ongoing · OSI In the future though, I think pretty well all software innovation will be either open-source or inside a big server, because the business model for shipping closed-source software as a product is just too twisted and weird.
In fact I disagree pretty much completely, as there is a third group in a sort of mid-range that ends up closed source … and I don’t see working any other way.
Open source projects only succeed if they can attract a sufficient number of developers, and a sufficient amount of developer time. Developer time can come from fragments of “free” time - when the choice to participate comes from the individual developer. Developer time can be full time - when the choice to participate come from the institution for which the developer works. The effort level required of the project determines the amount of development time necessary for the project to be viable (i.e. OpenOffice requires far more dedicated developer time to be viable than Perl).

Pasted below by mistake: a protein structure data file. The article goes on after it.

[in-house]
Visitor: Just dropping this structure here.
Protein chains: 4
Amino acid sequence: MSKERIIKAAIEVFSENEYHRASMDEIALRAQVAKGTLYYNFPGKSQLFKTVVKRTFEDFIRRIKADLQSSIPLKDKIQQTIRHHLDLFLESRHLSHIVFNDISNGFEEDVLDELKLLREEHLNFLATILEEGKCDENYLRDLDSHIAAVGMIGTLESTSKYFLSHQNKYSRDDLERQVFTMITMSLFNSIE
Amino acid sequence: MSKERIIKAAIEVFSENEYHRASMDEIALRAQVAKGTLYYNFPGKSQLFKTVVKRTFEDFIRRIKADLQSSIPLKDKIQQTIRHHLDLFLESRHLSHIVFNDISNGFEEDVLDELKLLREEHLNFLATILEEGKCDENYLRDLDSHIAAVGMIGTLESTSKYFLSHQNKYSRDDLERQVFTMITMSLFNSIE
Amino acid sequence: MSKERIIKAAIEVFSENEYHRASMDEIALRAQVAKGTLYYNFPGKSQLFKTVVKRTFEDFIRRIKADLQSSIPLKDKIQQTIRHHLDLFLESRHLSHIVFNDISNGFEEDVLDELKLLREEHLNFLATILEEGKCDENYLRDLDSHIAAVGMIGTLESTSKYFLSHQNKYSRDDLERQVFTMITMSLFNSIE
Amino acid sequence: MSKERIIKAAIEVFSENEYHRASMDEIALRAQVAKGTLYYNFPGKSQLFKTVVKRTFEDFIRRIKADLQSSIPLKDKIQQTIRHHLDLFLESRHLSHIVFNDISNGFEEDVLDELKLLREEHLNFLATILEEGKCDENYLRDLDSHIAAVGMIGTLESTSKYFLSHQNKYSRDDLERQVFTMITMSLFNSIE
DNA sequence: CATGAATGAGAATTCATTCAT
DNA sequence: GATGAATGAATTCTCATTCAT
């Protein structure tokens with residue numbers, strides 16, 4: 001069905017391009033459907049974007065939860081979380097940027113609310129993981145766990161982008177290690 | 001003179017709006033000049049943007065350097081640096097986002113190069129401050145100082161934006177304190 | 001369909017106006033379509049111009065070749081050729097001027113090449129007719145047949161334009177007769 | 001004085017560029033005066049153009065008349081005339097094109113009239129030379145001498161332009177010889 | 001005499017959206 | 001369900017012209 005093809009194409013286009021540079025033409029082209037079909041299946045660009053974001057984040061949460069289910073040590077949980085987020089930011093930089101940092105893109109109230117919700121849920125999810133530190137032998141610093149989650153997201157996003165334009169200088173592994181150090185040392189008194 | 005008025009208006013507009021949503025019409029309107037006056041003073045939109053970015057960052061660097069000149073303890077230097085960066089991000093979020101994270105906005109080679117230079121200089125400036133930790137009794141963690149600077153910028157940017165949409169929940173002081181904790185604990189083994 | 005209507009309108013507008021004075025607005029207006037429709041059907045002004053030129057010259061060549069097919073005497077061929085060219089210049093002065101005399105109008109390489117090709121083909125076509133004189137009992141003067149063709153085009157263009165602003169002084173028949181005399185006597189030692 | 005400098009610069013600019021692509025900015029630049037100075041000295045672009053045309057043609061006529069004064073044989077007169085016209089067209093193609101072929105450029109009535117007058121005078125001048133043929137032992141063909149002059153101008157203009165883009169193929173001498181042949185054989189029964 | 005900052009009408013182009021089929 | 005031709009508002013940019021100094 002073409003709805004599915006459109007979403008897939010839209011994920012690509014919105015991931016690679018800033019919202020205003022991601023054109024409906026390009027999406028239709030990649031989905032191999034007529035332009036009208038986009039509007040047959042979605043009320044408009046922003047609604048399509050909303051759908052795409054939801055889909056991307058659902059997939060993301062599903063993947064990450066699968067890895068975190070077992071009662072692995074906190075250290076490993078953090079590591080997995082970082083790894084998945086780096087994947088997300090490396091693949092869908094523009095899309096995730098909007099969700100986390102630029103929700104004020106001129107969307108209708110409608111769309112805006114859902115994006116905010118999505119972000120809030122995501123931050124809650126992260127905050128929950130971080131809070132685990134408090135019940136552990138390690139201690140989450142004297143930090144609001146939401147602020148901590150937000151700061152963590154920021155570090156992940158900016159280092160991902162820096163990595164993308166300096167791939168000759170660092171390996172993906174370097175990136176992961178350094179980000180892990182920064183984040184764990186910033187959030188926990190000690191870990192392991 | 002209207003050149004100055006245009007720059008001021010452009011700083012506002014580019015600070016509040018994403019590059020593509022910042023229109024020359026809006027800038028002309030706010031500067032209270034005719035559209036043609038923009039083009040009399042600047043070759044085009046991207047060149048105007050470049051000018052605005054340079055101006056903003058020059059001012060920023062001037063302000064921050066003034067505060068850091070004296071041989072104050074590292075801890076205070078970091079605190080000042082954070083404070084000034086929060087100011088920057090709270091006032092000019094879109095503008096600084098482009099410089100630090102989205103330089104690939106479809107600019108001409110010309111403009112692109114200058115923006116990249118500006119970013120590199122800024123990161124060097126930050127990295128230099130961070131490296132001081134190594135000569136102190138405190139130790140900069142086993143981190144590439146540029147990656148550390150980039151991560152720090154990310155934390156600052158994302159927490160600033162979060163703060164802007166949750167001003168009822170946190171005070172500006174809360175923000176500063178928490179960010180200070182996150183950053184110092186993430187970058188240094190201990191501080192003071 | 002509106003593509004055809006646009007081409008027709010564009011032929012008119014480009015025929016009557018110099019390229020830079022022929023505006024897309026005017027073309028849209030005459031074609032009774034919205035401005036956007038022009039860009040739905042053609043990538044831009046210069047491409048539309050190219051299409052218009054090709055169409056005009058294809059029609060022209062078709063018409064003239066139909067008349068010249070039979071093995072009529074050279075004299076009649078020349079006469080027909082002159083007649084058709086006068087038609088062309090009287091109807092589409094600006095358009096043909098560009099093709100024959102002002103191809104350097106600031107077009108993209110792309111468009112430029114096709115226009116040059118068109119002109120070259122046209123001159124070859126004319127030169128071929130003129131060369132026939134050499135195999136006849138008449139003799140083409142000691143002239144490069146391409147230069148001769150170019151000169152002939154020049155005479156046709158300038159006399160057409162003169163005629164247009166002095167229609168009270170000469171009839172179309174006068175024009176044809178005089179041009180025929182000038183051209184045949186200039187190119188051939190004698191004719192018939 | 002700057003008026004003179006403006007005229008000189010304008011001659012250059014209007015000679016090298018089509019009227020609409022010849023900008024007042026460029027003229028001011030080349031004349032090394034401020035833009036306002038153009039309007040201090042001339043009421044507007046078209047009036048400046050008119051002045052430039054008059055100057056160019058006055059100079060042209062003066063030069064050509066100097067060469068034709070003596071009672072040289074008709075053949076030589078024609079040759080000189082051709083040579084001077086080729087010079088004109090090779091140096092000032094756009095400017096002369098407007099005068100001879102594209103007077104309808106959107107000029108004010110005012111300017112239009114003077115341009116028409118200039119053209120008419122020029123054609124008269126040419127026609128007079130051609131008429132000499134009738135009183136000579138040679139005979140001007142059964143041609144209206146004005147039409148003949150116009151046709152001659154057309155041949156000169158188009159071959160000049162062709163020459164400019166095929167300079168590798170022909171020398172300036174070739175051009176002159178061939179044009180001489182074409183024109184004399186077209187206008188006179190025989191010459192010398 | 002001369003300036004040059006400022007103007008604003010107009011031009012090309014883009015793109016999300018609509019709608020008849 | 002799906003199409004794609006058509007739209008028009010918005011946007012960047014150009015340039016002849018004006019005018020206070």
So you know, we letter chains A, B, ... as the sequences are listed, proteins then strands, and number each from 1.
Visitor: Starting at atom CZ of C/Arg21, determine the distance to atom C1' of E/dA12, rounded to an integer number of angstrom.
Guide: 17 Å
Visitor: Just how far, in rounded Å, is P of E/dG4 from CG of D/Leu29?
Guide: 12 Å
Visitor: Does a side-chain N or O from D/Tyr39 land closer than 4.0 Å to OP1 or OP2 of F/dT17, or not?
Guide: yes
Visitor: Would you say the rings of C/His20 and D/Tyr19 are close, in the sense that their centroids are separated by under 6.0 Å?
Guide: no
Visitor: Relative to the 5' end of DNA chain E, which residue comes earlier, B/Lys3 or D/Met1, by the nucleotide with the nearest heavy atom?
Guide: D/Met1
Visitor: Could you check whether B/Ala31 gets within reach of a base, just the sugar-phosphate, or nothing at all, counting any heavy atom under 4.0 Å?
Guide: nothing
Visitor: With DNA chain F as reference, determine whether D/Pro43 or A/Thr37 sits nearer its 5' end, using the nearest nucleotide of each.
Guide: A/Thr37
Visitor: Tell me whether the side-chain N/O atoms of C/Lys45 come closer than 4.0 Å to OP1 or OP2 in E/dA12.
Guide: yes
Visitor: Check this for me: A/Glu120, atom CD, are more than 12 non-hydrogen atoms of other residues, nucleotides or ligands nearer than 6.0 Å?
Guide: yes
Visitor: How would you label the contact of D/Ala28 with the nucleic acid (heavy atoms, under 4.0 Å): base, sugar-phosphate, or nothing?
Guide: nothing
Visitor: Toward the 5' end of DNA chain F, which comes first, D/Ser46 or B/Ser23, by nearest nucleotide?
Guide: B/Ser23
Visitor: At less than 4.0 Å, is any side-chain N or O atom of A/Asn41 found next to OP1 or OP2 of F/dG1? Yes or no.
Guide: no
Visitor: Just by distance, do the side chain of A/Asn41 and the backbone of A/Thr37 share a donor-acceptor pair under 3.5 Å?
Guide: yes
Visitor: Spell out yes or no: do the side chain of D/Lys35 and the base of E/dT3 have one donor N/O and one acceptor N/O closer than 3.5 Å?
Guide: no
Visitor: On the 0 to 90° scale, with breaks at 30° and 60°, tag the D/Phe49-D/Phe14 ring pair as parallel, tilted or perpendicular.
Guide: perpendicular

The defining characteristic that makes open source projects more or less viable is the ratio between the number of end users and the number of developers. When the ratio is large then institutions (large and small) are likely to find an interest in dedicating developer time to open source work. The ratio can be small when end users are developers and contributed of bits of free time are sufficient.
Open source projects fail when they cannot attract enough developer time. There are lots of failed or marginal open source projects.
In the mid-range there are software products with relatively modest numbers of users. Products that are successful in this range return quite a lot of value to their customers. It is not at all clear to me that products in this range could survive as open source.